Bus ridership has plummeted in the year since funding problems led to the loss of free and frequent bus service in Ashland.




People took 291,000 bus rides in the 2006 fiscal year when rides were free and buses came every 15 minutes.




But they are projected to take just 93,250 rides in the 2007 fiscal year, which ends June 30. Bus fare is now 50 cents and buses come every 30 minutes.




During the first three quarters of the 2007 fiscal year, people averaged 23,312 rides per quarter in Ashland.




"We don't know who are the missing riders," city of Ashland Management Analyst Ann Seltzer told Ashland City Councilors earlier this week.




The city lacks demographic data about people who rode the bus before ridership numbers fell, she said.




Anecdotally, a Tidings reporter who visited with bus riders in 2006, when service was free and frequent, got mixed reactions. Some bus riders said free service was most important, while others said frequent service was their top priority.




However, bus ridership seems to be closely linked to bus fares.




In 2001, bus fare was $1 and people took 76,753 trips.




Bus fare was 25 cents in 2002, when people took 119,239 trips. This fiscal year's ridership projection of 93,250 trips with 50 cent fares is very close to the middle of those two previous ridership numbers.




The city of Ashland subsidized Rogue Valley Transportation District bus service so that fares could be free from 2003 through June 30, 2006.




But faced with a $1.2 million budget shortfall for this fiscal year, RVTD officials sought $535,000 to continue free and frequent service &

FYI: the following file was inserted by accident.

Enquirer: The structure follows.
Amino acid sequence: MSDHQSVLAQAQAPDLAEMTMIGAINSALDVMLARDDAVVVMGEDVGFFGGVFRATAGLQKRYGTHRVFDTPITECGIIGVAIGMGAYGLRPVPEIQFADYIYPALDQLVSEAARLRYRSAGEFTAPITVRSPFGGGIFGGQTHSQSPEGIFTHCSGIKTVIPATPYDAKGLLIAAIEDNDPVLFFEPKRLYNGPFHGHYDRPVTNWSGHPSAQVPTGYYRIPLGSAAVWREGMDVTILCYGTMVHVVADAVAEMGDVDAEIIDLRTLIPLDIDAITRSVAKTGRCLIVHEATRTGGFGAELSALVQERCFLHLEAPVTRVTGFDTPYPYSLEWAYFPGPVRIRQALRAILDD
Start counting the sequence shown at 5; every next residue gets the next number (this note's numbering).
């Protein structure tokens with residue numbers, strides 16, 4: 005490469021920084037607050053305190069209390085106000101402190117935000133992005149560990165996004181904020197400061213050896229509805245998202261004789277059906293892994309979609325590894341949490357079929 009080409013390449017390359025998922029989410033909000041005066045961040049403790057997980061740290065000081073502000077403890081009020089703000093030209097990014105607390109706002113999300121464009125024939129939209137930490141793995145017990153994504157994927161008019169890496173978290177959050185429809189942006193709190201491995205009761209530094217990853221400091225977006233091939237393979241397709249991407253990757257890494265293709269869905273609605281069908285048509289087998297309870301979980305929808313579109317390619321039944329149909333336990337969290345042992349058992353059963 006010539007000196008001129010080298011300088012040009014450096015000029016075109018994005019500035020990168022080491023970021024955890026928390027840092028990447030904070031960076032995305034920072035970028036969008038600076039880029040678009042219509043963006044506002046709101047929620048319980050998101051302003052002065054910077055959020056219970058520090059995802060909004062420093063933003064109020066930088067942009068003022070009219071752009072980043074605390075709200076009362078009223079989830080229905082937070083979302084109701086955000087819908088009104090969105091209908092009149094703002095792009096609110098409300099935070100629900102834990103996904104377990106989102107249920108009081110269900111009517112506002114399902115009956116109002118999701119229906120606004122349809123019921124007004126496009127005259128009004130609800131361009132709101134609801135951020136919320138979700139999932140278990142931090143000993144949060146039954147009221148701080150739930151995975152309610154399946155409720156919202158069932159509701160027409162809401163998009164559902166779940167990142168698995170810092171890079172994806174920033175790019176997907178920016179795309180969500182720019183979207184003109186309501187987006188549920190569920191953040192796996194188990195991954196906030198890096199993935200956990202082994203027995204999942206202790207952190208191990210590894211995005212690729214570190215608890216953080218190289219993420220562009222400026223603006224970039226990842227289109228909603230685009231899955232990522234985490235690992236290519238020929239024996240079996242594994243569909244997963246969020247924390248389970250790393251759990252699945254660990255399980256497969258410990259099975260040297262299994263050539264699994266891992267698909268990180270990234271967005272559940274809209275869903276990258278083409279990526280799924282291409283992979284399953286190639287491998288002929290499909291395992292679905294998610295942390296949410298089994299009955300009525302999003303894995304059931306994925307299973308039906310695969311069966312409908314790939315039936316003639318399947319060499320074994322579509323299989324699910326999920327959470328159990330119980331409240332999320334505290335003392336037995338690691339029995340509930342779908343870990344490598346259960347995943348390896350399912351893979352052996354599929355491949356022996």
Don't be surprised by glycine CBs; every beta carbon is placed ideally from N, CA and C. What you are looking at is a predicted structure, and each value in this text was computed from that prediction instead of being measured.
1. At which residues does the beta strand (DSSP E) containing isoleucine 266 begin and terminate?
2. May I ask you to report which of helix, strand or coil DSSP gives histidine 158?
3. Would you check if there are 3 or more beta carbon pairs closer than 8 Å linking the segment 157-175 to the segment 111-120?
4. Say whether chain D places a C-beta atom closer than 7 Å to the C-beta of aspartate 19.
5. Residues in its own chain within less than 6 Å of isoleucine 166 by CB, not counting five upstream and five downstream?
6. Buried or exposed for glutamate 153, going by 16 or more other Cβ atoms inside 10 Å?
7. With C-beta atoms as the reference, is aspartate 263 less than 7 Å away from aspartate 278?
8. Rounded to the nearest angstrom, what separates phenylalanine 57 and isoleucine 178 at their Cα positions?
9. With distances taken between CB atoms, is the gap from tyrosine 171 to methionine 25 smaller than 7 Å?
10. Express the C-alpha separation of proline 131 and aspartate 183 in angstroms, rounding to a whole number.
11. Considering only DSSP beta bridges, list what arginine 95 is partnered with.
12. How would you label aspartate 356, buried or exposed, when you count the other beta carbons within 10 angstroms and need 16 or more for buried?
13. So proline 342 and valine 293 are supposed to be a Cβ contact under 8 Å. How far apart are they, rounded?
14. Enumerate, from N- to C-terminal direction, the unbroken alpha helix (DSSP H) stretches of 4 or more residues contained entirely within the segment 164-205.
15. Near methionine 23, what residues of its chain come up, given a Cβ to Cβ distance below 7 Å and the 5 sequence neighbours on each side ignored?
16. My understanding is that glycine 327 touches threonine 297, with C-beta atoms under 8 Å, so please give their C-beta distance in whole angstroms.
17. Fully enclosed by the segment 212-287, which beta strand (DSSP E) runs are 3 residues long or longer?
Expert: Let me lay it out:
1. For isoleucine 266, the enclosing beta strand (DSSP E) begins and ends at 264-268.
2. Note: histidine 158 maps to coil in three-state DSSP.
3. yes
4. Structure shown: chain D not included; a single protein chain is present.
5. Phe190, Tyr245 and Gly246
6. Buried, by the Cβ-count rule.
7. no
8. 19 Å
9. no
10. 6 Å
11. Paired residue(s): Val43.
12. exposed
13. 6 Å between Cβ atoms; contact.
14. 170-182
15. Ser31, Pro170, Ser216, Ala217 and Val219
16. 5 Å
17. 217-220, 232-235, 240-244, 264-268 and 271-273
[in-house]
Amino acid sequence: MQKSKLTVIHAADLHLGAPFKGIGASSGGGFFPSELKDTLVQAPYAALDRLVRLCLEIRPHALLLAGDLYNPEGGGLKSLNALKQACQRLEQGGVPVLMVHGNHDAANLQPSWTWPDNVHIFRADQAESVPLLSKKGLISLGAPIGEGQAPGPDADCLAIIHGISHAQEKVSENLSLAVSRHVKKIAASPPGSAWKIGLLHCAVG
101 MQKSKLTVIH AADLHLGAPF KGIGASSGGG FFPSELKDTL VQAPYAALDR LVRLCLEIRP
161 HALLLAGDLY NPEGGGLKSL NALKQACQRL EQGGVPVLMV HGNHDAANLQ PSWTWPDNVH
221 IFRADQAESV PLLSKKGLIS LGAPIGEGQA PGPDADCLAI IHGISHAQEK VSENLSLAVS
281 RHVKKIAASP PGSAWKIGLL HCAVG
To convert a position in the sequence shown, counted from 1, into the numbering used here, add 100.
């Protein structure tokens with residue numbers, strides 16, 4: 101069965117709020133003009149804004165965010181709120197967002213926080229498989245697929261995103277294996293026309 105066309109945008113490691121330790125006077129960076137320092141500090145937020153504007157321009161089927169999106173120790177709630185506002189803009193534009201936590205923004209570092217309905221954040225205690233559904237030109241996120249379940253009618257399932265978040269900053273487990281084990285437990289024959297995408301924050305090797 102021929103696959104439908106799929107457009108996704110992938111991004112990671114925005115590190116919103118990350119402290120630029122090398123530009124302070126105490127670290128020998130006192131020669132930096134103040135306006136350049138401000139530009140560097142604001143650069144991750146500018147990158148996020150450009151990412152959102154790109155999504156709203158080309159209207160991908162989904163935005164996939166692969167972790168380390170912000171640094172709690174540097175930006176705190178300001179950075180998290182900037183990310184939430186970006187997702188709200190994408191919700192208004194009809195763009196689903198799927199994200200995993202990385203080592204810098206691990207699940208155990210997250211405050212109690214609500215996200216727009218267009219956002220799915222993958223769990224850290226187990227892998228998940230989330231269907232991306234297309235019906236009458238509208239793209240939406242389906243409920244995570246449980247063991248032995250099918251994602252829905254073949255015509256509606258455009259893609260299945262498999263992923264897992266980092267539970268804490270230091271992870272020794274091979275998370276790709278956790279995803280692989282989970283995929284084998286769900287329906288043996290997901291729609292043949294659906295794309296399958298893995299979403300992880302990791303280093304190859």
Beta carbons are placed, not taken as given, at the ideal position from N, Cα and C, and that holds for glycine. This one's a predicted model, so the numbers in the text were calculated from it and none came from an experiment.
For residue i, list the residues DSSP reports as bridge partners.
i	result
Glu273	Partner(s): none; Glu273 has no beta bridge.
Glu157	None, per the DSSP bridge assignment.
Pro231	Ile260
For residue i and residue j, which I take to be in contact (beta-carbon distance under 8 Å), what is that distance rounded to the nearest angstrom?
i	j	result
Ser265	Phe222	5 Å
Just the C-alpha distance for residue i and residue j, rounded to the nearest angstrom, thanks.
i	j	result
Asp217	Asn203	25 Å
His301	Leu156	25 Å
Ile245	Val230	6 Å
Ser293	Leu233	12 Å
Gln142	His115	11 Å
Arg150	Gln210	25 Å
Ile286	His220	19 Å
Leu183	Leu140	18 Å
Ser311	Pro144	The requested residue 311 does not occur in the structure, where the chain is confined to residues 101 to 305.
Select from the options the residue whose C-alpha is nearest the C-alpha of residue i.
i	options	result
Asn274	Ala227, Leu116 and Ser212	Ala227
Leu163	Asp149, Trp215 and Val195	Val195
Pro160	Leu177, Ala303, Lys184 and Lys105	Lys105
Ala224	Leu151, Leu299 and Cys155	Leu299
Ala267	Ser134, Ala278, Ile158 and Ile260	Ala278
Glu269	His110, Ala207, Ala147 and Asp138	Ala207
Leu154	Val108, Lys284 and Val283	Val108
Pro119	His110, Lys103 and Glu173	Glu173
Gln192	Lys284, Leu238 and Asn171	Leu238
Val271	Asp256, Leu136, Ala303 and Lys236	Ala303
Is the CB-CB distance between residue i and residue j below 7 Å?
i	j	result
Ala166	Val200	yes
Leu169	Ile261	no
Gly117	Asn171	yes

up from $290,000.




With only $290,000 budgeted for the bus service subsidy, Ashland City Councilors decided last summer that fares would increase to 50 cents and buses would come every 30 minutes.




RVTD raised bus fares to $2 elsewhere in the valley.




Earlier this week, the City Council voted to cap the city bus service subsidy at $210,000 for the next fiscal year, which starts July 1. That will leave the 50 cent fare and 30 minute service intact in Ashland.




The council approved setting aside another $2,000 for low-income youth passes and $1,000 for senior citizen passes.




City officials will talk with Ashland School District officials about schools giving out the youth passes, probably to students who already qualify for free or reduced-price lunches. The Ashland Senior Program will likely give out senior passes.




Most council members also supported earmarking up to $77,000 to pay for a transportation consultant to look at the larger issue of bus service and transportation needs in Ashland.




Councilor Eric Navickas said the consultant could look at a variety of options for providing bus service in an efficient way that meets community needs.




The consultant could examine the use of smaller vehicles, route changes to maximize ridership, employee rider programs, a bus service independent of RVTD, transit needs of seniors and other issues, according to a staff memo to the council.




Senior citizens who live at the Mountain Meadows retirement community in Ashland fall outside RVTD's boundary for door-to-door Valley Lift service, which aids some seniors and disabled people.




Some Mountain Meadows residents have been going to nearby North Mountain Park to get rides on Valley Lift vans. The park is within RVTD's service boundary.




Councilor David Chapman was the only councilor to vote against issuing a request for proposals and bids from consultants to study transit issues.




"We seem to jump to consultants a lot," he said.




Staff writer can be reached at 479-8199 or vlaldous@yahoo.com.